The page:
The biomedical MEMS device market size is currently approximately $1.7 billion.
Elyria, Ohio (PRWEB) March 20, 2013
The biomedical MEMS device market size is currently approximately $1.7 billion. In these applications, it is advantageous to miniaturize currently available components and systems due to form factor and cost considerations. Furthermore, many applications are newly enabled by MEMS technologies and would not be possible at all without miniaturization.
MEMS Journal and SMART Commercialization Center for Microsystems are hosting the Biomedical MEMS and Sensors 2013 conference and exhibition on April 16-18, 2013 in Elyria, Ohio. For more information about the conference, please go to http://www.biomems2013.com.
Here are the sessions and topics covered at the conference:
Micro and Meso Technologies for Disease Diagnosis
Microfluidics – the use of microscale structures to manipulate micro- and nanoliter volumes of fluids – has been an active topic of research for decades. One of applications most expected to benefit from microfluidics is diagnostics. Microfluidic technologies offer the potential of replacing an entire laboratory with a handheld device. The conference session on this topic will explore the current state of microfluidics and examples of how the long envisioned potential of these technologies are being realized in commercial products.
Microtechnologies for Health Monitoring
There is huge growth potential for MEMS and sensor devices that enable products for monitoring human health. With the “commoditization” of MEMS in the consumer electronics arena, the opportunities for microtechnologies applications for health monitoring seem to be endless as the potential for low cost devices can drive down the soaring costs of healthcare. This conference session will provide insights to the regulatory environment for new products in established markets, a commercialization pathway for new disruptive technologies, and glimpses of the commercial and technical challenges associated with products that hope to leverage the performance and economic gains of miniaturization.
MEMS and Sensors for Sports Applications
The market for MEMS motions sensors continues to climb as new applications are developed by a growing cadre of researchers and companies large and small. Further penetration into the marketplace of 6DoF devices over the next 3 years will be a key enabler for healthcare/medical related applications, as well as sports. There are various factors associated with sensor and complete systems development which are key to help push the type of volume needed for sports applications to go beyond a highly specialized niche to a growing commercial market. It is quite likely this market segment alone will reach over $1 billion in revenue within the next five years. This conference session will cover some recent advancements in the industry’s leading motion sensor technology.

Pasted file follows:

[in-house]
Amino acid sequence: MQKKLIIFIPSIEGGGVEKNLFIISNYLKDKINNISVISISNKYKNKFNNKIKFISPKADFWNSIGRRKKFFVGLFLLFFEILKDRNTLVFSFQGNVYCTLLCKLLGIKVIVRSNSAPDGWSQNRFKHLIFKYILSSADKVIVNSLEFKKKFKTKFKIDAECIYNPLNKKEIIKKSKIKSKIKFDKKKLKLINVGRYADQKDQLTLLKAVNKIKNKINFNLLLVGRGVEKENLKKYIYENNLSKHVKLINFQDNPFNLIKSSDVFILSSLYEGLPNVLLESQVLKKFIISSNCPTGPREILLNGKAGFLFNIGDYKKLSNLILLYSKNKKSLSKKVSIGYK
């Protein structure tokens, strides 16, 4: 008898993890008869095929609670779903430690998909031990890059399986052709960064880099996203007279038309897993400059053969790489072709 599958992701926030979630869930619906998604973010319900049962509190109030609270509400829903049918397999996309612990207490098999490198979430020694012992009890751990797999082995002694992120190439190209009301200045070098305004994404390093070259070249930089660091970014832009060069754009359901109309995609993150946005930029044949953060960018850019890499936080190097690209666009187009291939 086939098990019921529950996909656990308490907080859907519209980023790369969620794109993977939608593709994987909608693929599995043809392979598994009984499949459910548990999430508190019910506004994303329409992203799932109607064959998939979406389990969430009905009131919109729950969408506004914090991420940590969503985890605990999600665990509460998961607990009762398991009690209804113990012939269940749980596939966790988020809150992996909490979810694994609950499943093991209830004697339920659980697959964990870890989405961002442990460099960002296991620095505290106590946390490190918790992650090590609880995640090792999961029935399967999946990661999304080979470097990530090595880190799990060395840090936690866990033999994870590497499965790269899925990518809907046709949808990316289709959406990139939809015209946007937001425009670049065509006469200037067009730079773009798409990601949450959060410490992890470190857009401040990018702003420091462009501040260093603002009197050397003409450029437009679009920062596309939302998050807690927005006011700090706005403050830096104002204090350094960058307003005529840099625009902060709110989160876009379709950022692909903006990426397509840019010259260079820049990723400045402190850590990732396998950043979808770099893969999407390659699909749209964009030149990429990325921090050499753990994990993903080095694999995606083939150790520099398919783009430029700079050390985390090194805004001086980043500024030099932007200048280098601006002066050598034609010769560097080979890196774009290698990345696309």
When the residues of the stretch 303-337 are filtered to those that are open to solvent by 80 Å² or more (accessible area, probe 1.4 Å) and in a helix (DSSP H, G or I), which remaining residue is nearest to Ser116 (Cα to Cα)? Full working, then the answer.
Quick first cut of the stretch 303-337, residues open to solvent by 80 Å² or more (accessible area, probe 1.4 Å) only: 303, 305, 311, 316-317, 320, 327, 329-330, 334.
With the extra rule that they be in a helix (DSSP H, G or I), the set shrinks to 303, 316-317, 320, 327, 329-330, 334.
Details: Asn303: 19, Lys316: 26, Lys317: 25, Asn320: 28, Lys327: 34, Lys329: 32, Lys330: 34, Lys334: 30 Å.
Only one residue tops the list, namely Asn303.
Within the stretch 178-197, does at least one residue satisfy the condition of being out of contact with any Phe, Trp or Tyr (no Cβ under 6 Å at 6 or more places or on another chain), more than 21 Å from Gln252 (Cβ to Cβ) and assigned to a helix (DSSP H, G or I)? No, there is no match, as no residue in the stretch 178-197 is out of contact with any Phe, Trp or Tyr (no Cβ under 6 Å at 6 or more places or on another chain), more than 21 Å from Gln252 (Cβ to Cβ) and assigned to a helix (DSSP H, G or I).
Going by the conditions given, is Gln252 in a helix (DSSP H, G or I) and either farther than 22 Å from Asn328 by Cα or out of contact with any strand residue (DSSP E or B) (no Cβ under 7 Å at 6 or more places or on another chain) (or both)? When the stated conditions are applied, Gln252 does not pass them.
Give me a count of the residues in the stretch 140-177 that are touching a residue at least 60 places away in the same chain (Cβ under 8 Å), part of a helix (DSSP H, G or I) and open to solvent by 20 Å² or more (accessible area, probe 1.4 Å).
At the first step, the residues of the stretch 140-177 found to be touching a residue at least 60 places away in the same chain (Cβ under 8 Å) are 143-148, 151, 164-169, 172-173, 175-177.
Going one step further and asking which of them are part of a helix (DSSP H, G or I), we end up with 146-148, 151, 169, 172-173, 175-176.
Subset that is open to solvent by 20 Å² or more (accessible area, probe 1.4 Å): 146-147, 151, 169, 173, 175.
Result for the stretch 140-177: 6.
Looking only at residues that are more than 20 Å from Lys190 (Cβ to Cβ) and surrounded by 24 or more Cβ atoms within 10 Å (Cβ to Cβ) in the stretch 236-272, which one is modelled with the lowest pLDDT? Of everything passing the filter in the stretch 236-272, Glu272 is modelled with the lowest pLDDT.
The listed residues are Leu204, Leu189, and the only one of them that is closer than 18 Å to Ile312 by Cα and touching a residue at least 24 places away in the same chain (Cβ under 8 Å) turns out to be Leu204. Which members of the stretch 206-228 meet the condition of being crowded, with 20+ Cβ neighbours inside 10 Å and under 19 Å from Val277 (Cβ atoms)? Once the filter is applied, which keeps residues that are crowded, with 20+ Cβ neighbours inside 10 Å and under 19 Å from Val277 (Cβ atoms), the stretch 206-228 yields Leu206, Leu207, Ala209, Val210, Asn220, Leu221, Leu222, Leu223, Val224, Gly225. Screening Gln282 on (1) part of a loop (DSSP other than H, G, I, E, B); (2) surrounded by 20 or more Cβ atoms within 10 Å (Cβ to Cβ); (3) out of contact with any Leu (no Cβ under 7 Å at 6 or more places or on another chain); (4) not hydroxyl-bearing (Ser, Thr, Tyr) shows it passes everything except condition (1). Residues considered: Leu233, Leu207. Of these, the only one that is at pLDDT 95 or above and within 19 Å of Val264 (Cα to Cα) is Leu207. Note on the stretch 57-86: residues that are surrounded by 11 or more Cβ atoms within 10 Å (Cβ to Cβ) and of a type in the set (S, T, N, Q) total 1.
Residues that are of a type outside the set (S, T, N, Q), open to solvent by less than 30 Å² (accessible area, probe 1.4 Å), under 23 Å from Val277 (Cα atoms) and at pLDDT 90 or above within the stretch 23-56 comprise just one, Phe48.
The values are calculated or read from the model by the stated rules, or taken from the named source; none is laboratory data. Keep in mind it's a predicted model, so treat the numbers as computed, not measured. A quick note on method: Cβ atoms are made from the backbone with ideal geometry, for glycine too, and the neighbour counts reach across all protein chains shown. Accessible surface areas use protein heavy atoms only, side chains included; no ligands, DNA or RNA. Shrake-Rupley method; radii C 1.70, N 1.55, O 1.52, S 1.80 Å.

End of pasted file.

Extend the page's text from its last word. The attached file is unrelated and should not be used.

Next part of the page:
Microtechnologies for Neural Interfaces and Prosthesis
This conference session will focus on microsystem technologies that are impacting the field of neural prostheses. The speakers will highlight present and future opportunities in that field by presenting three applications at different stages of their technological life. The session will cover exciting opportunities and to examine streamlining the commercialization of MEMS enabled neural prostheses. Topics covered in this session will include a neural prosthetic on the mass market (the cochlear implant) that is being re-engineered using MEMS microfabrication technologies to improve performance, reduce cost and increase clinical deployment, a neural prosthetic in the midst of translation to the mass market that began development during the MEMS boom of the late 1990s and benefited from the engineering and design insights of the MEMS field, and a neural prosthetic in its infancy (the vestibular implant) that is integrating MEMS sensors and microfabricated electrodes in a single implantable system.
MEMS and Microfluidics for Drug Delivery
Drug delivery technologies have evolved since ancient Egyptian times from simple pills to the intravenous infusion devices to the recently approved “digital medicines” consisting of pills with integrated ingestible microelectronic sensors. This long history of innovations in delivery of medicines is spurred by the need for efficient and effective drug management of health conditions. Recent advances over past few decades in drug delivery and infusions harness both MEMS and microfluidics technologies. This conference session will focus on the use of novel technologies and cover the current status of development of different drug delivery techniques.
About MEMS Journal, Inc.
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About SMART Commercialization Center for Microsystems
The SMART Commercialization Center for Microsystems is a unique, industry-focused resource for taking MEMS, sensors, microsystems and other designs to commercial reality. With a complete set of tools for microsystems packaging, reliability testing, inspection and design, along with process development services, office space and talent, the SMART Center is a tremendous resource to the microsystems community. SMART is located on the campus of Lorain County Community College in Elyria, OH, just west of Cleveland. For more information, visit http://www.smartmicrosystems.com.